For my birthday I received a copy of Shauna Niequist’s book Present over Perfect.
I have read a couple of her other books or should say, I started to read them but ended up skimming through them after a while because…so many books…so little time.
This one, however caught me right from the start.
It spoke to something within me. A story of familiar struggles expressed in someone else’s language has a way of making us feel less alone and more understood.
It’s probably not for everyone, but here is a quote that made me nod my head vigorously, underline and write “Yep” in the margin several times….
“I’ve always had what I call a crazy brain- a mind that runs and spins, that remembers obscure details and whirs in the middle of the night. …it also runs ahead of me quite often, catastrophizing, over-analyzing, spinning out. As my patron saint Anne Lamott says, my mind is a bad neighborhood. I’m not a potter or a dancer – my mind is my only tool, and at the same time, it’s my greatest challenge, an overeager puppy, a spinning hamster wheel.” pg 67
I totally get that.
The body of the book is about how she has had to learn to stop striving and achieving and instead be “present” with God – resting more, trusting more, fellowshipping more.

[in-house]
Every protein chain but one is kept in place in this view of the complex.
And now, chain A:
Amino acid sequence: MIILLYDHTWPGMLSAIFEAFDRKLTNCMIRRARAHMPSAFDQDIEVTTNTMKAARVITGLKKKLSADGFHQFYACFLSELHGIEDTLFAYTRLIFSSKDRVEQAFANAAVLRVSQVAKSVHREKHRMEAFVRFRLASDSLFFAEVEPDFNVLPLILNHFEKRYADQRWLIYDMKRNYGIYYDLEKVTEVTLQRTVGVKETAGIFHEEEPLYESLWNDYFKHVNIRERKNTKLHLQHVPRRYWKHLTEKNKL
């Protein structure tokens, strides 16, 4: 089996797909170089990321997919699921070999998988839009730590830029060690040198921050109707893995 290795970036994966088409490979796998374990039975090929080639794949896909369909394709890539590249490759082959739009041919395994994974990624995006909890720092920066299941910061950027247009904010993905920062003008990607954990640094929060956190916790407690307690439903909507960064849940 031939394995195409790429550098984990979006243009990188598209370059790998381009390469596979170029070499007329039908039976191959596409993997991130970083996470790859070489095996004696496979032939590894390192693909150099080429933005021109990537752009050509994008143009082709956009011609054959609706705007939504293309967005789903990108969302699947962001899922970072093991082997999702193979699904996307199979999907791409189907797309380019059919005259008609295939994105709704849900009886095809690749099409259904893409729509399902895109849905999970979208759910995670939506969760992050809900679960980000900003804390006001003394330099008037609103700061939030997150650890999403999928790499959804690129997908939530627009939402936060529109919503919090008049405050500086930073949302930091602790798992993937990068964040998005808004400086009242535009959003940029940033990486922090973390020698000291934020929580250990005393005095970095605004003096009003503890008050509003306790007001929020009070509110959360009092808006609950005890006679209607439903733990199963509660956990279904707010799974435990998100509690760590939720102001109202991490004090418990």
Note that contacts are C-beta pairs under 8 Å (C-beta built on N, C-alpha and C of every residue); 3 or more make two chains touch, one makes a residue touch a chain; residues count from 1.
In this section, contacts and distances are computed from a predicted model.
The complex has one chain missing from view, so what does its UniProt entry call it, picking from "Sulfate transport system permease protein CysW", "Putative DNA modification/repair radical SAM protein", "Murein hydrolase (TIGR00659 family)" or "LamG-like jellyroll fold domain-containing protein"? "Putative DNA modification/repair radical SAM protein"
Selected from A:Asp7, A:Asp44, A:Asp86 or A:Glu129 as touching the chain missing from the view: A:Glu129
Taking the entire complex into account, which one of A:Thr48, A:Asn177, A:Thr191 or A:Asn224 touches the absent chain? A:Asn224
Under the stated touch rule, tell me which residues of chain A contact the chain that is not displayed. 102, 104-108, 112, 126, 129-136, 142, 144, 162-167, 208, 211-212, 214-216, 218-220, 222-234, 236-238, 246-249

It is interesting to me that, as the daughter of Bill Hybels, she still grew up and lived much of her adult life with a misconception of God as keeping some score card on her.
She talks about how, because she had a mixed up view of God, based on her own personal understandings, she viewed Scripture in a skewed way for many years.
She consistently states that this was not because she was raised to believe such a lie, but that the way she is wired geared her to that pitfall.
Bill Hybels. Founder and lead pastor of Willow Creek Church and kind of the name we associate with the whole ‘seeker friendly’ wave in ministry around this area of the country at least.
And his daughter had to figure out that God loves her and just wants to spend time with her and have a relationship with her that she can’t earn.
There’s a lesson there for our evangelism efforts.
I think how easily we can fall into the trap of trying to adapt the Gospel to make it understandable to everyone instead of just simply sharing the Gospel and then trusting God through the Holy Spirit to allow each person to work through the process of their sanctification with Him.
I see a tendency in the general world of Church to feel we have failed in the message when someone like Shauna misses the point.
So we change the packaging and presentation so that we can help those like her to “get it”.
But it was through trial and error, through wearing herself out striving and almost losing her primary relationships that God finally broke through to her heart.
We don’t have to market the Gospel.
We simply share it with our words and our lives…sincere, sometimes inept, flawed, progressing slowly along the journey in our ways….
and God brings the harvest <3